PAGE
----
The first step of making your sword is to decide how wide you want the crossguards on it to be.  Generally, three inches each is wide enough, although some longswords or greatswords may call for longer crosspieces.  Saw extra lengths of PVC (that are not part of your main sword core) to size, and set them aside.

 The next step is to oil the wooden dowel with linseed oil (which is highly toxic, so for the love of the gods, don’t ingest it, and keep it away from children).  The purpose for oiling the dowel is to prevent it from drying out inside the sword and shattering.  Then slide (or hammer) the dowel into the main sword core.

Wooden dowel (taped for snugness of fit inside PVC)

Next, take the smaller steel bolt and place it at the tip end of the sword core.  Make sure that the end of it fits tightly against the end of the wooden dowel inside the PVC pipe.  Duct tape the bolt very securely into the end of the pipe.  Be sure not to make a large bulb of duct tape in doing so, or it can misshape the padding on your sword later, causing it to hurt.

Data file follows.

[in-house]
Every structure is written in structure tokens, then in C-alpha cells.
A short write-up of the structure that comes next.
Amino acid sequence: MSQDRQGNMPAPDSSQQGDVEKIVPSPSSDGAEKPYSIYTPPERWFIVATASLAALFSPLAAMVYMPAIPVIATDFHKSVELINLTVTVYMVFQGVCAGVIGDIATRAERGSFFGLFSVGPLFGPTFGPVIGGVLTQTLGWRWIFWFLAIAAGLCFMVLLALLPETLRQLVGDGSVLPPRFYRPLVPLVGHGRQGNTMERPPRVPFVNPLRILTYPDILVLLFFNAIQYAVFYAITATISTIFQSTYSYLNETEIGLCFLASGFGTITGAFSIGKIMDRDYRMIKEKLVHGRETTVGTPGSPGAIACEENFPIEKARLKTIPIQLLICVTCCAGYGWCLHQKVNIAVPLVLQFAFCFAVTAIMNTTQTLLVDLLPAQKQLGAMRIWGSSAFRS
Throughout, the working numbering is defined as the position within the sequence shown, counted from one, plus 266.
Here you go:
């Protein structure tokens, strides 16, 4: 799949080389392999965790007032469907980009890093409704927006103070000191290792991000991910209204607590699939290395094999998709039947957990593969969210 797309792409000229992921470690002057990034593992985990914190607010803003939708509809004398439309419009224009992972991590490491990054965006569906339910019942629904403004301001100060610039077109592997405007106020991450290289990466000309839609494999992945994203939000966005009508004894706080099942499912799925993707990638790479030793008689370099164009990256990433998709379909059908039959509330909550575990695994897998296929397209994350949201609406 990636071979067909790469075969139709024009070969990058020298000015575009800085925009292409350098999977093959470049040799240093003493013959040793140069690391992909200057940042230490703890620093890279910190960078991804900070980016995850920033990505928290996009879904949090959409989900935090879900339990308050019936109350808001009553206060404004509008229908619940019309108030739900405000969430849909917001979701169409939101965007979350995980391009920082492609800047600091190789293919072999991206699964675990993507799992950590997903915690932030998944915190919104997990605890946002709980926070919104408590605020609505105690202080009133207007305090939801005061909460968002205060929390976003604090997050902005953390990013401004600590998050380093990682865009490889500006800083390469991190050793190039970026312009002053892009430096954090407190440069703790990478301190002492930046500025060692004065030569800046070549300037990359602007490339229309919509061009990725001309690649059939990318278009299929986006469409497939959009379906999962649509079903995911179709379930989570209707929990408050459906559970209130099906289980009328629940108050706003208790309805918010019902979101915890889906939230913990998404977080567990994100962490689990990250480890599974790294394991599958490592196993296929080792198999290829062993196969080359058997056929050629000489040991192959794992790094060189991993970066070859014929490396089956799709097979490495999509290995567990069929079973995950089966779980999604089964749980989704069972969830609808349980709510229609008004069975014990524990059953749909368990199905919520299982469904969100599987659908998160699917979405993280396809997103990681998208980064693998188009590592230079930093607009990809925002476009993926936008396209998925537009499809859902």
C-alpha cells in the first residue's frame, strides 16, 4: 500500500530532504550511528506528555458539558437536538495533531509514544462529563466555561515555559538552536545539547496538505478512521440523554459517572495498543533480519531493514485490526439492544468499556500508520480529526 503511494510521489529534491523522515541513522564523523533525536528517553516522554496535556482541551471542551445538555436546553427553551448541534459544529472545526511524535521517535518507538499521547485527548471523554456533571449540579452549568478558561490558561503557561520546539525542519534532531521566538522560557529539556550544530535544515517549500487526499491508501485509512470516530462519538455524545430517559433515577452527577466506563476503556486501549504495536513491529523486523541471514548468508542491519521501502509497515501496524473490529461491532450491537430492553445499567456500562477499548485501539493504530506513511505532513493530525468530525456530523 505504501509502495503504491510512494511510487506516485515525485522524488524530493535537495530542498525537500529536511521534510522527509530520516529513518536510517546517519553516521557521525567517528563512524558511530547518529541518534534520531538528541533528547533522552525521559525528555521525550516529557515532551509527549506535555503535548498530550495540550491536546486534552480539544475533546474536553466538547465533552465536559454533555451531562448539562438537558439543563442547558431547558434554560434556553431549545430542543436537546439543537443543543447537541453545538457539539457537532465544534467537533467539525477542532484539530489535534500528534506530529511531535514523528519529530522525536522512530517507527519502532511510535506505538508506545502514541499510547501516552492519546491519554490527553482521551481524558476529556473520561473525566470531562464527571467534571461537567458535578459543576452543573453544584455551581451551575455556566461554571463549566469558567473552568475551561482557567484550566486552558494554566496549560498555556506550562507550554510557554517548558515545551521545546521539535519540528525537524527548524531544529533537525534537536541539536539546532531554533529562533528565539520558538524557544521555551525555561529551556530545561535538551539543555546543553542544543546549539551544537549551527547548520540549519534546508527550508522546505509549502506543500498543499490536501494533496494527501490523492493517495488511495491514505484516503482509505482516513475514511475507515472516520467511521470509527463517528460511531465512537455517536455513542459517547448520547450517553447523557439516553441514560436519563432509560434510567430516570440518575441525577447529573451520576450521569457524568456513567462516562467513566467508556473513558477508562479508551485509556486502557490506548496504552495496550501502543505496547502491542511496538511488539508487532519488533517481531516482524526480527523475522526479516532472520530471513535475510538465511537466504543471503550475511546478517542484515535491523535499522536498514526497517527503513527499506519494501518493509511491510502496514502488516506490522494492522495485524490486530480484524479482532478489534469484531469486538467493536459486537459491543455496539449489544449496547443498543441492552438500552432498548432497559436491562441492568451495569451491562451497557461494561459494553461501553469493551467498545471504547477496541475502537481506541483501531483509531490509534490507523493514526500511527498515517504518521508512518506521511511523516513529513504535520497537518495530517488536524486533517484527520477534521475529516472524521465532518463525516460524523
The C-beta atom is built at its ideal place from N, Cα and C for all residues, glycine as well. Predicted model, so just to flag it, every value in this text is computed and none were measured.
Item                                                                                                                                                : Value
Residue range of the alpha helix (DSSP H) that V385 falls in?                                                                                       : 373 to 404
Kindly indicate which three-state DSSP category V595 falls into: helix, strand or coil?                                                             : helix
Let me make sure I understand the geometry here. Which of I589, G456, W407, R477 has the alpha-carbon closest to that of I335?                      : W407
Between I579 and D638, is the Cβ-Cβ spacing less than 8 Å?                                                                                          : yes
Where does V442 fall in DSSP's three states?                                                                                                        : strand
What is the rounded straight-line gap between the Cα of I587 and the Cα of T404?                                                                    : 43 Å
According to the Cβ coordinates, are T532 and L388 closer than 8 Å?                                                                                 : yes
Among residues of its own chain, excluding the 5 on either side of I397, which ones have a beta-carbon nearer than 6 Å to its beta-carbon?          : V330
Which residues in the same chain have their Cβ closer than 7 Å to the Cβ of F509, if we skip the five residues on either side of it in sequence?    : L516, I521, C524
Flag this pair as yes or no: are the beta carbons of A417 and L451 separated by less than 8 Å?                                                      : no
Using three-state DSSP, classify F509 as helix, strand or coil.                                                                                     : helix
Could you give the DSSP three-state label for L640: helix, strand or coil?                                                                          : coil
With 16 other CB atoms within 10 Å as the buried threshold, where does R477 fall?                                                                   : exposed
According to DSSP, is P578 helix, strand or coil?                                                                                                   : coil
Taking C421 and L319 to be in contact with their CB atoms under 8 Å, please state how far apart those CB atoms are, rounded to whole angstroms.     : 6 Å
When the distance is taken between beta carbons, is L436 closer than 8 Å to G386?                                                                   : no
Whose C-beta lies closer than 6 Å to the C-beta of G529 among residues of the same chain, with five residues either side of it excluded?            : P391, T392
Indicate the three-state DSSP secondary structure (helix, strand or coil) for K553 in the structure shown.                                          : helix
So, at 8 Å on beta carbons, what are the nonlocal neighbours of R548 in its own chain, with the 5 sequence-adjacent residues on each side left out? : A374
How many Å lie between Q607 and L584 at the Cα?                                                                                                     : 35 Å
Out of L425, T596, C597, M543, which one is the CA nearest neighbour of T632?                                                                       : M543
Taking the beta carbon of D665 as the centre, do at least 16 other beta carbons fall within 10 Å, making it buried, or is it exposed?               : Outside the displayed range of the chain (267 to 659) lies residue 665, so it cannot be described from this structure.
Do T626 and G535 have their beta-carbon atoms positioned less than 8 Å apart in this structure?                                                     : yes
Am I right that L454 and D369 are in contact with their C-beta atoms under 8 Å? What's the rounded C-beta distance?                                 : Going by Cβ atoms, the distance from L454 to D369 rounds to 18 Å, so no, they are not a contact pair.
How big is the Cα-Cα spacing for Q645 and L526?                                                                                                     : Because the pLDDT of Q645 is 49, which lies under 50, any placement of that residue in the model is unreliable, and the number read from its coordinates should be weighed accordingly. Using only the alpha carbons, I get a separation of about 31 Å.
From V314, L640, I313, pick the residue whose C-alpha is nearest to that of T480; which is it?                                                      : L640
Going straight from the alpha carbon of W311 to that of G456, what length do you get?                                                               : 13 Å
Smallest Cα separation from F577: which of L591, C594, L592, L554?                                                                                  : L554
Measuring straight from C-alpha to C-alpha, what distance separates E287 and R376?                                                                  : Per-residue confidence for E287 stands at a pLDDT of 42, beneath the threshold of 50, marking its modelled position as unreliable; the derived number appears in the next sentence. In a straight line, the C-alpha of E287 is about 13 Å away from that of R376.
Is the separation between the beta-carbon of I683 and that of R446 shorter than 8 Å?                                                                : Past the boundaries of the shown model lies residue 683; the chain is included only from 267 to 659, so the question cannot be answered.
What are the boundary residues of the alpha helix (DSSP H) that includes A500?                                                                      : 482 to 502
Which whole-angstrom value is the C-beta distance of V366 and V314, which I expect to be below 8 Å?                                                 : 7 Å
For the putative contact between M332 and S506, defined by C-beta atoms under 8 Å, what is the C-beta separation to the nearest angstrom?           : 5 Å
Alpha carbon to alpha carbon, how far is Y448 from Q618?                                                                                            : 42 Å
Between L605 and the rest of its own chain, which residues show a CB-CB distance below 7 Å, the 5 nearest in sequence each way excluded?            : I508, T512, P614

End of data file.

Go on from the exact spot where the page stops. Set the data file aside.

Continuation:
Now, take the larger bolt and place it in the grip end of the sword core, making sure once again that it fits snugly against the end of the wooden dowel inside the PVC pipe.  Duct tape it securely into the core.

Now, slide the first layer of closed-cell foam pipe insulation on to the PVC pipe until it covers an area that is the length of the blade with which you wish to strike.  Be sure to leave an extra two inches of insulation loose at the tip end of the blade to make a stabbing tip.